Texas dads arrested after getting vocal at school board meetings say superintendent aims to 'silence' them
Jeremy Story and Dustin Clark removed from meetings of the Round Rock ISD school board
Round Rock ISD police remove Jeremy Story from a school board meeting on Aug. 16. On Sept. 14, Round Rock ISD police remove Dustin Clark from a school board meeting. Both were later arrested and claim the school district is trying to silence them
Two Texas fathers who got arrested for allegedly disturbing meetings of the Round Rock Independent School District school board told Fox News they ultimately blame the school board and Superintendent Hafedh Azaiez for the arrests.
The fathers characterized the actions as an effort to “intimidate” them into silence. The school board president disputed their claims.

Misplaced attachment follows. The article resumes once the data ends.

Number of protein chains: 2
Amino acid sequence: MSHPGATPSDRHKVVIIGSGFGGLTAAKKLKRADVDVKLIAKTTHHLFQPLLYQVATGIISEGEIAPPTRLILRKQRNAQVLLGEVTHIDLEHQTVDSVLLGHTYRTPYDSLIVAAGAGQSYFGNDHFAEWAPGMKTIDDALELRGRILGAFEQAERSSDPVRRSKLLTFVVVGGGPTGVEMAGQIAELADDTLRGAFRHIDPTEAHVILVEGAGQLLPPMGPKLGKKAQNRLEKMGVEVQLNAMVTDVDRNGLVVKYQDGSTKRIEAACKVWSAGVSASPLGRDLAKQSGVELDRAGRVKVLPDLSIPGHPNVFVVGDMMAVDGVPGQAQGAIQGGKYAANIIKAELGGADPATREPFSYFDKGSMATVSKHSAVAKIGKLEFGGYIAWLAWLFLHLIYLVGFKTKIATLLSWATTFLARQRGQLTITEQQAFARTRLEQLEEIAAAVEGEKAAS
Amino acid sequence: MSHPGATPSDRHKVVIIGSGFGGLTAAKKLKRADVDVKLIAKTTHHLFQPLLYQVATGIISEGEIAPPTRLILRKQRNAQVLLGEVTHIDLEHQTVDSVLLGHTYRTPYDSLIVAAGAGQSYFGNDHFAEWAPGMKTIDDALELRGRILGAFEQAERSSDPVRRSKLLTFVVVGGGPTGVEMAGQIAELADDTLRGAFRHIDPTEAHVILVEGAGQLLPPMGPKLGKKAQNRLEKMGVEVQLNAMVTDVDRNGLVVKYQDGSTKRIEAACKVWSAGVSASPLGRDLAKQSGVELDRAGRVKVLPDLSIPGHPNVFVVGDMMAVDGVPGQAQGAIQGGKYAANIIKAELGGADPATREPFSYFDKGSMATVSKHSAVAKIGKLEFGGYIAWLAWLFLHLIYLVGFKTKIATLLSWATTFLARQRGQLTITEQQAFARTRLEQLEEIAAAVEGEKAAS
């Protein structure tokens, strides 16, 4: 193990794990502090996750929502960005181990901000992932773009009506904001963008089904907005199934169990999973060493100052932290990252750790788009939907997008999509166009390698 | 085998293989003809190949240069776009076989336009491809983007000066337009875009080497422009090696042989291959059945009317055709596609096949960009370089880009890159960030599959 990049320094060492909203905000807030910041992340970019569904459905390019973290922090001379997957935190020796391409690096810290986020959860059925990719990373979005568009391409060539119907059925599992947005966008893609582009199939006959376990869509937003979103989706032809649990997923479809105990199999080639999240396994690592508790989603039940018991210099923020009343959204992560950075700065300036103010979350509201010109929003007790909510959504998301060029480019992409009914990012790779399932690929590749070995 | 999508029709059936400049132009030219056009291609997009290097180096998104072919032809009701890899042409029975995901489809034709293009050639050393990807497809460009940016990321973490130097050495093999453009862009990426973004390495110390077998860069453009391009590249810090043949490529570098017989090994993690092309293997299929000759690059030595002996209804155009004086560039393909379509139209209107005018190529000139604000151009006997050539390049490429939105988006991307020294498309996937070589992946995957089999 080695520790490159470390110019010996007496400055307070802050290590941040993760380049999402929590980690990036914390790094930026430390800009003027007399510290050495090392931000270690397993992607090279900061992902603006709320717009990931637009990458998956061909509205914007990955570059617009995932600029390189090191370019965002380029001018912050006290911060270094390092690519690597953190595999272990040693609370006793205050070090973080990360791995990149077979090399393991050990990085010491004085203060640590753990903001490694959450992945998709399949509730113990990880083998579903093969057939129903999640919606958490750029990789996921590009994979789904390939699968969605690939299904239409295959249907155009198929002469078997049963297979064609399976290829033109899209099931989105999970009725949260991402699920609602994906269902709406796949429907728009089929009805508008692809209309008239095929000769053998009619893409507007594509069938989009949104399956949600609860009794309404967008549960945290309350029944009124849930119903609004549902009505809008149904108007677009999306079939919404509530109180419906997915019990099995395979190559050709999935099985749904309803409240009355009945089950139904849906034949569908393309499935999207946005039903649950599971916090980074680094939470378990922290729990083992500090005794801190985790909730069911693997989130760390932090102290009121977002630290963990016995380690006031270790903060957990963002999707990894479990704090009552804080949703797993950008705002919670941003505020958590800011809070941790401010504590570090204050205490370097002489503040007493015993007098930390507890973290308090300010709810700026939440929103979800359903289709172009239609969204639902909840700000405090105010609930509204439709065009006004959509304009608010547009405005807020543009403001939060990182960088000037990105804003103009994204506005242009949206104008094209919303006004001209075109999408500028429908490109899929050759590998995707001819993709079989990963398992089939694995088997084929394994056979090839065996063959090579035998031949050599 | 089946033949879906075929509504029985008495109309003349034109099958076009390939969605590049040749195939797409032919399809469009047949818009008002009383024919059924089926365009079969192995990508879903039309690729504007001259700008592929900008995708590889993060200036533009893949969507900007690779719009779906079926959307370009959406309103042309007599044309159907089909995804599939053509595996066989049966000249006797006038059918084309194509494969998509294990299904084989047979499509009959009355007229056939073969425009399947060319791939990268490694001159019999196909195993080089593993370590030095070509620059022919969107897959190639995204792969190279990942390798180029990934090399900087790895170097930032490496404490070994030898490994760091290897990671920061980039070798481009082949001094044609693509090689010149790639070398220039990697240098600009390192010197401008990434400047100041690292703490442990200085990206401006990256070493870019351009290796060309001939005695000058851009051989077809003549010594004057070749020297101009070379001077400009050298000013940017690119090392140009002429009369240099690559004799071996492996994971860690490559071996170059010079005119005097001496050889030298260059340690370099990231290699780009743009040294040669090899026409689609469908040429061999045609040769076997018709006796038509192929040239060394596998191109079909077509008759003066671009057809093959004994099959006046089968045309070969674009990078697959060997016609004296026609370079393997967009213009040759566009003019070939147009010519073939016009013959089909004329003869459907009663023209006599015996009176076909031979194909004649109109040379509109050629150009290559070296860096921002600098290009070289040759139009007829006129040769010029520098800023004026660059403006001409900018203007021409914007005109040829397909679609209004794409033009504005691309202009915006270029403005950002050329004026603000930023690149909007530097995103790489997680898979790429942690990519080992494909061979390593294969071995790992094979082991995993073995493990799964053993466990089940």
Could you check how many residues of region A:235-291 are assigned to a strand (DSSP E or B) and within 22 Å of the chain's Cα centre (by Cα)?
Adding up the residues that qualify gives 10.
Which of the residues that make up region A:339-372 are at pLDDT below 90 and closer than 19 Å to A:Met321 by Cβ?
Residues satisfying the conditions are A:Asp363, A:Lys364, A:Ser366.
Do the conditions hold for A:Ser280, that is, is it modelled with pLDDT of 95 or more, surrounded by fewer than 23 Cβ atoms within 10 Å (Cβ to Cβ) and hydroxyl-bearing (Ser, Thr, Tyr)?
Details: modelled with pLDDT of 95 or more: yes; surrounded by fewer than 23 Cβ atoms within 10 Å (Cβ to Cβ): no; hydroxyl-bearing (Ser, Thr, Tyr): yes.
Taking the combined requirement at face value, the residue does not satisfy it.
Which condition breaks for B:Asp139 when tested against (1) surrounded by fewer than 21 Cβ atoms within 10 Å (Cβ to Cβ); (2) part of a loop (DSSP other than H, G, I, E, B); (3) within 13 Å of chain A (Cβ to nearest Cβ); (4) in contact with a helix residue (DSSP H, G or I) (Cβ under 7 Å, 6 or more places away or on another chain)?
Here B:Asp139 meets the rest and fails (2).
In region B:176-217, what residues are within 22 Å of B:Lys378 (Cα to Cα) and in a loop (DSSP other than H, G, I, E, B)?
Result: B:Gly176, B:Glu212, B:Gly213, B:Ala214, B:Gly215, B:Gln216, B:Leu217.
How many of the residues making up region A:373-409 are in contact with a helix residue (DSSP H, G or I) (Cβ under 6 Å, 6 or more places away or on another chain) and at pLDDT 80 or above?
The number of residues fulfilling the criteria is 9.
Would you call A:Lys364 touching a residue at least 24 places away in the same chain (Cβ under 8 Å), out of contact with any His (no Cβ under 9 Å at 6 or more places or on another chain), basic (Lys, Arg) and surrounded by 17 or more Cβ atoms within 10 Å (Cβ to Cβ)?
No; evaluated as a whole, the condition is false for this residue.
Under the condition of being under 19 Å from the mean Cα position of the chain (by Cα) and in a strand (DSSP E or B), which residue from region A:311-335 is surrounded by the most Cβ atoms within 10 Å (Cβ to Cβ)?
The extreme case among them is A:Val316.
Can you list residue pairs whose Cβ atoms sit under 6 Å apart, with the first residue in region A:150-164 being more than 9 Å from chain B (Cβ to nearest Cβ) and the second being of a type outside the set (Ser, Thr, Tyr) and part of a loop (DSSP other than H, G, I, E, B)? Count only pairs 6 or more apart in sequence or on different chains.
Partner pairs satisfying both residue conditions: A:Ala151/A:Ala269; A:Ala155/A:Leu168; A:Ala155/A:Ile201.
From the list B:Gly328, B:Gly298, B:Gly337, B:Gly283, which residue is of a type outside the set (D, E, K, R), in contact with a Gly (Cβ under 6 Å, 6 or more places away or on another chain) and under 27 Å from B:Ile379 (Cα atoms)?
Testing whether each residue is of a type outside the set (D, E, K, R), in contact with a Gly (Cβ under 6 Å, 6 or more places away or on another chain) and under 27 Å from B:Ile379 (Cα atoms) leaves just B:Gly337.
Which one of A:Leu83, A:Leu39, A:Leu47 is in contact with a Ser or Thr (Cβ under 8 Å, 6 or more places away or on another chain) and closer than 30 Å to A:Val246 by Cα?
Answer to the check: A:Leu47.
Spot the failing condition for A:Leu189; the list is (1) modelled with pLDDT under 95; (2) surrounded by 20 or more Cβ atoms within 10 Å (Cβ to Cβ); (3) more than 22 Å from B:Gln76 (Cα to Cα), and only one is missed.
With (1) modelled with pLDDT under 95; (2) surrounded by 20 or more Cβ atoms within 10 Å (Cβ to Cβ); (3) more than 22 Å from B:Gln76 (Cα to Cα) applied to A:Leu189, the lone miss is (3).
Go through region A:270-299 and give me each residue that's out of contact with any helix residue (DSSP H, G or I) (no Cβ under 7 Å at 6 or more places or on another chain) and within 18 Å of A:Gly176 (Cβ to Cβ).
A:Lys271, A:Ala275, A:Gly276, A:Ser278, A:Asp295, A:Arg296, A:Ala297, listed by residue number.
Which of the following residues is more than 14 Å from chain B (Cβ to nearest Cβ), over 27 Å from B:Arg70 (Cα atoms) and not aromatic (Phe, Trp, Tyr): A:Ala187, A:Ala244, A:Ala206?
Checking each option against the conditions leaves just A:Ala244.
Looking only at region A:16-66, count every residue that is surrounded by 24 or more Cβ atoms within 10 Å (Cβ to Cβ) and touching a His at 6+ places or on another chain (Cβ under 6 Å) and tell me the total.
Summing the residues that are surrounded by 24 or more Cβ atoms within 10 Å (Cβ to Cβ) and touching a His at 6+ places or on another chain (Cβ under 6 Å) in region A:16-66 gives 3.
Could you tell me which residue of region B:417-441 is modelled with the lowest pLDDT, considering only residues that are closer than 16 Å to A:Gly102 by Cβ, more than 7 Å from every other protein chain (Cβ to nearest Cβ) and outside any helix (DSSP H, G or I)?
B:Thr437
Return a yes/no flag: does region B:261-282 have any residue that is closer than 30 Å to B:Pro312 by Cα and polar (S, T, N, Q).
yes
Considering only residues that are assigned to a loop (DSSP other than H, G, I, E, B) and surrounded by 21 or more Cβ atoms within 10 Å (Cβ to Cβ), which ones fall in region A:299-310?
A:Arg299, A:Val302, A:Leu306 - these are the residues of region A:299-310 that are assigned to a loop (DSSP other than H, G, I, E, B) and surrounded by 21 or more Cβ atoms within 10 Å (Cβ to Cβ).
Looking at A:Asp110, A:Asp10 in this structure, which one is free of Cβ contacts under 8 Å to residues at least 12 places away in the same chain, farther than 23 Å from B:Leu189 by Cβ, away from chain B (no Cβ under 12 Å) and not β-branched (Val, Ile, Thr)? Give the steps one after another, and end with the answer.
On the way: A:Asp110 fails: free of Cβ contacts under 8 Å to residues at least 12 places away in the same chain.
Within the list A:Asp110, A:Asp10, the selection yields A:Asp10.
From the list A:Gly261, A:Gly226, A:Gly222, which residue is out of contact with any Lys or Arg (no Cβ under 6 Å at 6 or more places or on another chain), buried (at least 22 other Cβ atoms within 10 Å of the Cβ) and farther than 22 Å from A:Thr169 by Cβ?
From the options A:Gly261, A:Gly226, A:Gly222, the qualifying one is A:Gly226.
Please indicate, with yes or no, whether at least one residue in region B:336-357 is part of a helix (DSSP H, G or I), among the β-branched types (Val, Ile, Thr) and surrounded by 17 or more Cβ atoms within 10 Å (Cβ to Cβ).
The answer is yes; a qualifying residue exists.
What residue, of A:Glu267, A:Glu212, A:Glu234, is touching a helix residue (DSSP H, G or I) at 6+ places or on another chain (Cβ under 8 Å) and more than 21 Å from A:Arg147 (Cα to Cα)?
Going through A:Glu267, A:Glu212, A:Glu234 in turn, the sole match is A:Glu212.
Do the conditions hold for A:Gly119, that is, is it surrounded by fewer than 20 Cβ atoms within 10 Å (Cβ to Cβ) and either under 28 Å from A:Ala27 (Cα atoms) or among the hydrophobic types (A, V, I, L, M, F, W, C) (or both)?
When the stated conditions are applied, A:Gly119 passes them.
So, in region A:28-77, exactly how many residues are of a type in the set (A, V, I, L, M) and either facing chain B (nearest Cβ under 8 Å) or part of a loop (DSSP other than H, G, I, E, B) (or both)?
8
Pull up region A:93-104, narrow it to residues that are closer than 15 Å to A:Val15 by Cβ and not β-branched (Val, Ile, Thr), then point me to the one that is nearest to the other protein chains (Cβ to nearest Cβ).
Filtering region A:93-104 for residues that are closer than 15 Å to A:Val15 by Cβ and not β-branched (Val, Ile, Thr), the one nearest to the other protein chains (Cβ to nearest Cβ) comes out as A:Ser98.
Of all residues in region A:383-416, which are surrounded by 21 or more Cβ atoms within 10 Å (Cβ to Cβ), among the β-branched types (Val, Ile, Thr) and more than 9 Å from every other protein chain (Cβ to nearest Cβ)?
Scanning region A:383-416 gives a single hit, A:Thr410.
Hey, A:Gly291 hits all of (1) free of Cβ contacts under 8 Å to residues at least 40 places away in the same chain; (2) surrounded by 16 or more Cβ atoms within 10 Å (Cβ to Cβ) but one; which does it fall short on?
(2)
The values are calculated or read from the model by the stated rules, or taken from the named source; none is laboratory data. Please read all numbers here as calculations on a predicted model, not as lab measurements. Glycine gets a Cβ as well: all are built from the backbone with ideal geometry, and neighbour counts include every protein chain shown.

“I believe I was arrested on 9/17/21 to intimidate me and other parents and community members from continuing to speak out against the superintendent and five of the school board members,” Dustin Clark, a father of four children in public schools who began speaking out at school board meetings virtually in April, told Fox News.
“We believe we were intentionally targeted for arrest to silence our voices because we were speaking out against the school district for illegal activity,” Jeremy Story, a father of seven homeschooled children and a resident whose tax dollars go to support the school district, told Fox News.
“We believe we were intentionally targeted for arrest to silence our voices because we were speaking out against the school district for illegal activity.”
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The Williamson County Sheriff’s Office arrested Clark and Story simultaneously around 5 p.m. Sept. 17, according to the fathers. Ryan Deck, the fathers’ defense attorney, told Fox News that while the sheriff’s office carried out the arrest, the school district’s separate police department filled out the probable-cause affidavit leading to the arrest.
Jeremy Story getting escorted out of a Round Rock ISD school board meeting.